Wind from Danyari Chapter One
The Zuytdorp, on its voyage to the Dutch East Indies port of Batavia, ran
into an unexpected storm as night came on. It was one of those squally things: a threatening cloud mass bearing down on them
with frightening speed as the ship ran under short sail before a northwesterly gale.
Jan Bakker, the first mate, a burly man in his late twenties, worried they might be too
near Eendrachtsland, the great south land. He hated this blind sailing when he didn’t know what lay ahead. You couldn’t
rely on dead reckoning. If he were Marinus, the captain, he would turn north now and make a run to the Sundra Straits.
He watched the storm approaching. The dark
clouds spread across the horizon, blotting out the setting sun. The wind caught the sails before they had time to haul them
down and the sea turned into a raging animal. Hugh swells swept across the deck of the ship, taking everything, man and object
not battened down.
Jan held to the rigging to stop from being washed overboard. Rain whipped his face and
hands. He ducked his head involuntarily when lightning struck the topmast. A wind gust stronger than any before drove the
Willem, the sixteen-year-old cabin boy who held onto the rigging near Jan,
shouted over the noise of the flapping sails. “It’s damn different to an hour ago. It’s been sunny with
a fine breeze all week, then we had to run into this.”
Jan could barely hear William’s voice above the storm’s din.
“Look forward.” Willem yelled as lightning flashed around them,
then he screamed, “What’s that?”
Jan turned. Ahead, out of the rain and darkness loomed cliffs more than twenty
times higher than the Zuytdorp, then were lost in a veil of rain and spray. Jan thought he had imagined them, then lightning
flashed, and they were there again.
The lookout had seen them, too. He shouted a warning to the captain.
Marinus bawled orders to tack.
Men sprang into action as they tried desperately to turn the Zuytdorp from
smashing against the cliffs.
We should have turned north before the storm hit, Jan thought as he
strained on the ropes, nearly pulling his heart out. These big square-riggers couldn’t tack effectively before a gale.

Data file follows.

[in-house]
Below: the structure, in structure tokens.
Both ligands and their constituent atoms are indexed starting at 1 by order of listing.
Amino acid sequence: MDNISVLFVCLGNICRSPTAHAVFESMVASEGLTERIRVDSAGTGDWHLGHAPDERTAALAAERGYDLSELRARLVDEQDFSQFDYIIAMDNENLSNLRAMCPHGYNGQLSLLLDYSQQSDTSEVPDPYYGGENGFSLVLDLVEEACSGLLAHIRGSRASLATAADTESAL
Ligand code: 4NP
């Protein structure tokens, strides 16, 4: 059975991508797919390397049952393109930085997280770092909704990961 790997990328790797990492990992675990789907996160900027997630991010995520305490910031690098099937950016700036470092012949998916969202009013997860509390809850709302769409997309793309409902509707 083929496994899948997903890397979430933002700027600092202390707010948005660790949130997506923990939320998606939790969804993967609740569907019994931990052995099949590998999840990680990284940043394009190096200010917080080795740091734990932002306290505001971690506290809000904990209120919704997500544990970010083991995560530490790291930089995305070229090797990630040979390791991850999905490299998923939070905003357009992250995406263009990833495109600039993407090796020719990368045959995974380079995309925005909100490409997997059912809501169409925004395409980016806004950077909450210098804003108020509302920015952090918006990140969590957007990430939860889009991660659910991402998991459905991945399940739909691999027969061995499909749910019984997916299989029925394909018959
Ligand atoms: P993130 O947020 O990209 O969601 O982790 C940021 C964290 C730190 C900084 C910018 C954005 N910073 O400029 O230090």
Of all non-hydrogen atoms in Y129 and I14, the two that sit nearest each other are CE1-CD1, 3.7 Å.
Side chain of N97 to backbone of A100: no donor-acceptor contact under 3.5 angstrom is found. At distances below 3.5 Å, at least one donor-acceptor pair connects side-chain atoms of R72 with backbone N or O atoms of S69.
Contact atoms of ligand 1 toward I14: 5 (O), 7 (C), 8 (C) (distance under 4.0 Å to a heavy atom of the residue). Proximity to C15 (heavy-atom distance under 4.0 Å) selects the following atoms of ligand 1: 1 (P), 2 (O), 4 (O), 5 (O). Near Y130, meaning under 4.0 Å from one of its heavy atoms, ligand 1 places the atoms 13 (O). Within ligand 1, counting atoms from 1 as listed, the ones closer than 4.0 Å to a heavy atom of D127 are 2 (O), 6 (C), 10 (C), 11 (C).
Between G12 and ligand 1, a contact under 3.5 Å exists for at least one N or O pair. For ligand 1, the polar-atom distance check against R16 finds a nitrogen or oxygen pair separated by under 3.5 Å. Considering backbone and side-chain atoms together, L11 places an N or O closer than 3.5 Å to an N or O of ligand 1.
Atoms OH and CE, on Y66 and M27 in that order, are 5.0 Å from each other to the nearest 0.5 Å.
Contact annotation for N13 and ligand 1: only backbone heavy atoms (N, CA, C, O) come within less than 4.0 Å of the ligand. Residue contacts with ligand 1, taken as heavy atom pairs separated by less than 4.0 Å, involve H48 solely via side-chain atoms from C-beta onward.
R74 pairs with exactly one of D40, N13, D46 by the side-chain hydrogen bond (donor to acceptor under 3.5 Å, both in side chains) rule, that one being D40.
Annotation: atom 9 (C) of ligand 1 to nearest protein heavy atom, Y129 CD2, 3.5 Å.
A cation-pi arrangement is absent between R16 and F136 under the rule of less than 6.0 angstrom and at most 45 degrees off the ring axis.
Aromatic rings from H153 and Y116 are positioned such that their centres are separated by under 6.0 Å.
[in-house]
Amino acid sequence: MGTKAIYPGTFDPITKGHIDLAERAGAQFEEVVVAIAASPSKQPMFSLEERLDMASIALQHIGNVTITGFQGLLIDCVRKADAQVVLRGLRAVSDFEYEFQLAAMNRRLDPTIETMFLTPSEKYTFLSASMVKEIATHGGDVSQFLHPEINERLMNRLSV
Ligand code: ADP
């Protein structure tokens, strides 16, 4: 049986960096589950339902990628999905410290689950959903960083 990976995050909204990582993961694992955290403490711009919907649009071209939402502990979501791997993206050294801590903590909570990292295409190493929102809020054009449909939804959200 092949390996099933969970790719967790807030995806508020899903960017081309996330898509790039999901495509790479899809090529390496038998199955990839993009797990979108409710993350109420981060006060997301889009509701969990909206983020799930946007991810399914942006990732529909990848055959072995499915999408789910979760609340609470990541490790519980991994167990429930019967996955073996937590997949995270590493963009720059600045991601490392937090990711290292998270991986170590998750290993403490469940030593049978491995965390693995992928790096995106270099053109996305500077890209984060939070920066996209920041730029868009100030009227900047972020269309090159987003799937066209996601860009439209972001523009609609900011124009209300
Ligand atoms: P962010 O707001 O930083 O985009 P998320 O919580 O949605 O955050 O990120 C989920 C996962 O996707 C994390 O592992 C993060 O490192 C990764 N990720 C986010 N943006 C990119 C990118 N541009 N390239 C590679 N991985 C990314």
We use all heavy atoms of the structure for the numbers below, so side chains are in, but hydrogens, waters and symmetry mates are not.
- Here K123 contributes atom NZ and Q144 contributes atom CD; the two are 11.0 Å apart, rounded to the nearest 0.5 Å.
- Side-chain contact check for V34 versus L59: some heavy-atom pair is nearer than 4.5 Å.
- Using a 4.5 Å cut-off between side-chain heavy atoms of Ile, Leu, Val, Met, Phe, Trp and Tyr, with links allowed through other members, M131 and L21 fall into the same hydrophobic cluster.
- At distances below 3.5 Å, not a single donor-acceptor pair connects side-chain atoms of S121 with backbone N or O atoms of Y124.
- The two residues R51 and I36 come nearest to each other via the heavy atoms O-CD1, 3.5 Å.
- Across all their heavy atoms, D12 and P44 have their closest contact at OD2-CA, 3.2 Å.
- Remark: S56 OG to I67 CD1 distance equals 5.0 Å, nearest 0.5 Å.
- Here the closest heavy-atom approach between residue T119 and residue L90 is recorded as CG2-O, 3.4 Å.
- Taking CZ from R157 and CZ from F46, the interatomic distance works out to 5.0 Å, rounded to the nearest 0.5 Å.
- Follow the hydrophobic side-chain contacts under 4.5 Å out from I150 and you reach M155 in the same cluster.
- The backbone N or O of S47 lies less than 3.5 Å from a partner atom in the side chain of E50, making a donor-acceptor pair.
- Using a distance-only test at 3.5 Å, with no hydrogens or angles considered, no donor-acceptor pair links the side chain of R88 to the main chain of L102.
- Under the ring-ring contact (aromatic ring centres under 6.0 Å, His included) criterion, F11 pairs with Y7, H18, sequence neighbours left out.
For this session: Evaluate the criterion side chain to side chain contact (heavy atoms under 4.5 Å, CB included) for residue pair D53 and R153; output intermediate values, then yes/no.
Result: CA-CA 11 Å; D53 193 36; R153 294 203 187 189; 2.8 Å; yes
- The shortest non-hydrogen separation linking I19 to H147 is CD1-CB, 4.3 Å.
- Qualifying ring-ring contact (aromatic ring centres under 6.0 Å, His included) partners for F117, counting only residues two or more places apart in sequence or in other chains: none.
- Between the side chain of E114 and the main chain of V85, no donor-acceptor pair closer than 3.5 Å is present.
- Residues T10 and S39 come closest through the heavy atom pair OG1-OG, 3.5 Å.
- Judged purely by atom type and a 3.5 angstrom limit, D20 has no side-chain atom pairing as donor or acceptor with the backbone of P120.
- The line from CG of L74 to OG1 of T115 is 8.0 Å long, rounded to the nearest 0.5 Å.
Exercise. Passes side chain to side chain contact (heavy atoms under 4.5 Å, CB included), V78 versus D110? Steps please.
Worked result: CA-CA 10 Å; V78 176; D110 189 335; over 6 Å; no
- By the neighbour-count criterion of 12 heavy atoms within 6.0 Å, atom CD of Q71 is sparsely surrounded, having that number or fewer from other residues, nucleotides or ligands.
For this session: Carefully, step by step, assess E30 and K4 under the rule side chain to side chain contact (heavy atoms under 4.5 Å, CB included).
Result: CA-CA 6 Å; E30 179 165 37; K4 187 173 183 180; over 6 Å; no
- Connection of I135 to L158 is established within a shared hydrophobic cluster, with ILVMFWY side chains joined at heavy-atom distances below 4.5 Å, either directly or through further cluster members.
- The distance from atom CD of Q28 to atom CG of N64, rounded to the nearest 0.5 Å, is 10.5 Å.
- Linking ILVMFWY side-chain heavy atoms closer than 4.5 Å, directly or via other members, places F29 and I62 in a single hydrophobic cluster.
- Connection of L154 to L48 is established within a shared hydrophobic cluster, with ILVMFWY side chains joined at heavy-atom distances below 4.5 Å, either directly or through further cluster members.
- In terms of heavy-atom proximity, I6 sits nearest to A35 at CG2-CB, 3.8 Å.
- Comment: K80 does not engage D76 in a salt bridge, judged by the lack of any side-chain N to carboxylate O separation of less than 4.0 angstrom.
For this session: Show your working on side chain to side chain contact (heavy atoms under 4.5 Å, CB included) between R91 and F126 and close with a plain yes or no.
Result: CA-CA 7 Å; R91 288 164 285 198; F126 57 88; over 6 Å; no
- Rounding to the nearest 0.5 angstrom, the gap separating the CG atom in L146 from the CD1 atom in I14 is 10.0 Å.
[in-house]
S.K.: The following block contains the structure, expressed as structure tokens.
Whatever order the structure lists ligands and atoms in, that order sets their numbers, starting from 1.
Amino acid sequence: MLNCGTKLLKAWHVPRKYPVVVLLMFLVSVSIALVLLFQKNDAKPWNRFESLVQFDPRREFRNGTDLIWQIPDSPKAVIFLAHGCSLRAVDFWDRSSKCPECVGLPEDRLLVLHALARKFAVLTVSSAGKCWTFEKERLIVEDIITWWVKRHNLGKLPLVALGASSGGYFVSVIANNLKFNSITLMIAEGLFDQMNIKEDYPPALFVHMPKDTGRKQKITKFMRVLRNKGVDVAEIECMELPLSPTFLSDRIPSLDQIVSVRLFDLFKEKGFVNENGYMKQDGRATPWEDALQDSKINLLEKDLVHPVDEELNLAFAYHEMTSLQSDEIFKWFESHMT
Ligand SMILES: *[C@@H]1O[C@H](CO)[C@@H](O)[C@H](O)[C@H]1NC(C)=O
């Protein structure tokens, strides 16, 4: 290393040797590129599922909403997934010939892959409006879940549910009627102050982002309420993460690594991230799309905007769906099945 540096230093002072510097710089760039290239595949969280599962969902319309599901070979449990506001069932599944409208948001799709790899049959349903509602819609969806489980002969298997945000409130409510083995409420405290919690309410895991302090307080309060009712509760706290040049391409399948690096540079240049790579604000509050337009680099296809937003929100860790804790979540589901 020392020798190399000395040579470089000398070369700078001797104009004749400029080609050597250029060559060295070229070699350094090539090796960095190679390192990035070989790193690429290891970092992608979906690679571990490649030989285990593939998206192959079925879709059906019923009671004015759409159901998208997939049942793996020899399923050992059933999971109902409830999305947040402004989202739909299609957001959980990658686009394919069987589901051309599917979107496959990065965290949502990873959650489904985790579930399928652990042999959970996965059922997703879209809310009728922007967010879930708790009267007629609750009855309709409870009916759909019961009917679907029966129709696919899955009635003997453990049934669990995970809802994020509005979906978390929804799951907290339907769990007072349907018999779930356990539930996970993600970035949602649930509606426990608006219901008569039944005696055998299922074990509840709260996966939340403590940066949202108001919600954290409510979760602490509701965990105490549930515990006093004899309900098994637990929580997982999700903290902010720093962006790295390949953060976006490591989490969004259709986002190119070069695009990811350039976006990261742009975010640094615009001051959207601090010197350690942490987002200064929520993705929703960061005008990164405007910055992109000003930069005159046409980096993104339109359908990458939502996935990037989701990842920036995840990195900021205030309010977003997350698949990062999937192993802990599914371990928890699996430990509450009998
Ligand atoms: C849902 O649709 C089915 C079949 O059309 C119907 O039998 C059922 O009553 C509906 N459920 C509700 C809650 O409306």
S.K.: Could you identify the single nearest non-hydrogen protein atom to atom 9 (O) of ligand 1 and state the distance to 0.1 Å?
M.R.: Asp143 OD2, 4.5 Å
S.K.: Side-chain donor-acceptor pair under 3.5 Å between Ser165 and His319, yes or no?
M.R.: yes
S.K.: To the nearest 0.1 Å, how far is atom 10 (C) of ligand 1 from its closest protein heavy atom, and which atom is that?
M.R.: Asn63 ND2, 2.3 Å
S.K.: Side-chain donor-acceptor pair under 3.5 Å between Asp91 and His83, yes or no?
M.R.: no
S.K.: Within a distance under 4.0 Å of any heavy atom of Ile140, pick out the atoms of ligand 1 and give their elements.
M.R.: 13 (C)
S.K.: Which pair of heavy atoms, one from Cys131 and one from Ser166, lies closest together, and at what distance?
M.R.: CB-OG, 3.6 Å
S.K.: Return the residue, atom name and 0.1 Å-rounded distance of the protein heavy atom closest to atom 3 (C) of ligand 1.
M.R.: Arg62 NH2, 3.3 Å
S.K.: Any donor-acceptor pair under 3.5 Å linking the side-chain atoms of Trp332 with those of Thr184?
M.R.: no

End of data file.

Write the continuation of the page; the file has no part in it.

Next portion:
Then when he thought the Zuytdorp would smash head onto the cliffs, the ship swung aside. “Thank God, we’ve escaped,”
he muttered as he held on to the rigging and tried to get his breath.
The sound of grating came over the piecing noise of wind and driving rain.
The men in the rigging stared in horror at each other.
The deck tilted as the Zuytdorp ripped her bottom out on the rocky platform
and left her lead ballast on the sea floor. The surf swept over the angled deck as the rising sea drove the ship sideways
towards the cliffs. The hull crashed on the reef with each monstrous wave. Cannon broke loose and hurtled across the deck.
A mast snapped and fell in a tangle of rigging and sails.
Those who weren’t injured, killed or swept overboard in the first minutes
of the disaster clung to the rigging.
Jan hung on through the night, enduring the biting wind and teeming rain.
Before dawn, the wind dropped and the rain eased as the sun came up.
Cold and exhausted, the survivors stared at the calamity surrounding them.
The flooded ship had heeled over on its side against the reef as the surging sea pushed it towards the rocky shoreline.
Willem fought his way along the sloping deck to reach Jan. “We’ll
have to get to shore. The ship will break up on the reef.” As he spoke, a huge wave emerged from nowhere and beat over
the Zuytdorp’s deck in boiling white foam.
Jan stared at the rocky platform between the Zuytdorp and the land as the
sea rose and crashed over it. “It will be risky getting to shore. A man could be dashed to death against the rocks.”
“We can’t stay here,” Willem cried, his gaze following
Jan’s. “We don’t know how long the ship will hold together.”
Waves taller than houses crashed over the decks. The wind might have died
down, but the sea didn’t look like it was ever going to calm.
“I’ll tie a rope around my waist and make a dash across the ledge,”
How like the resilience of youth to think he’ll succeed, Jan thought.
A rope won’t save him if the sea smashes him against the rocks, but if anyone can make it, it will be an agile young
man like Willem.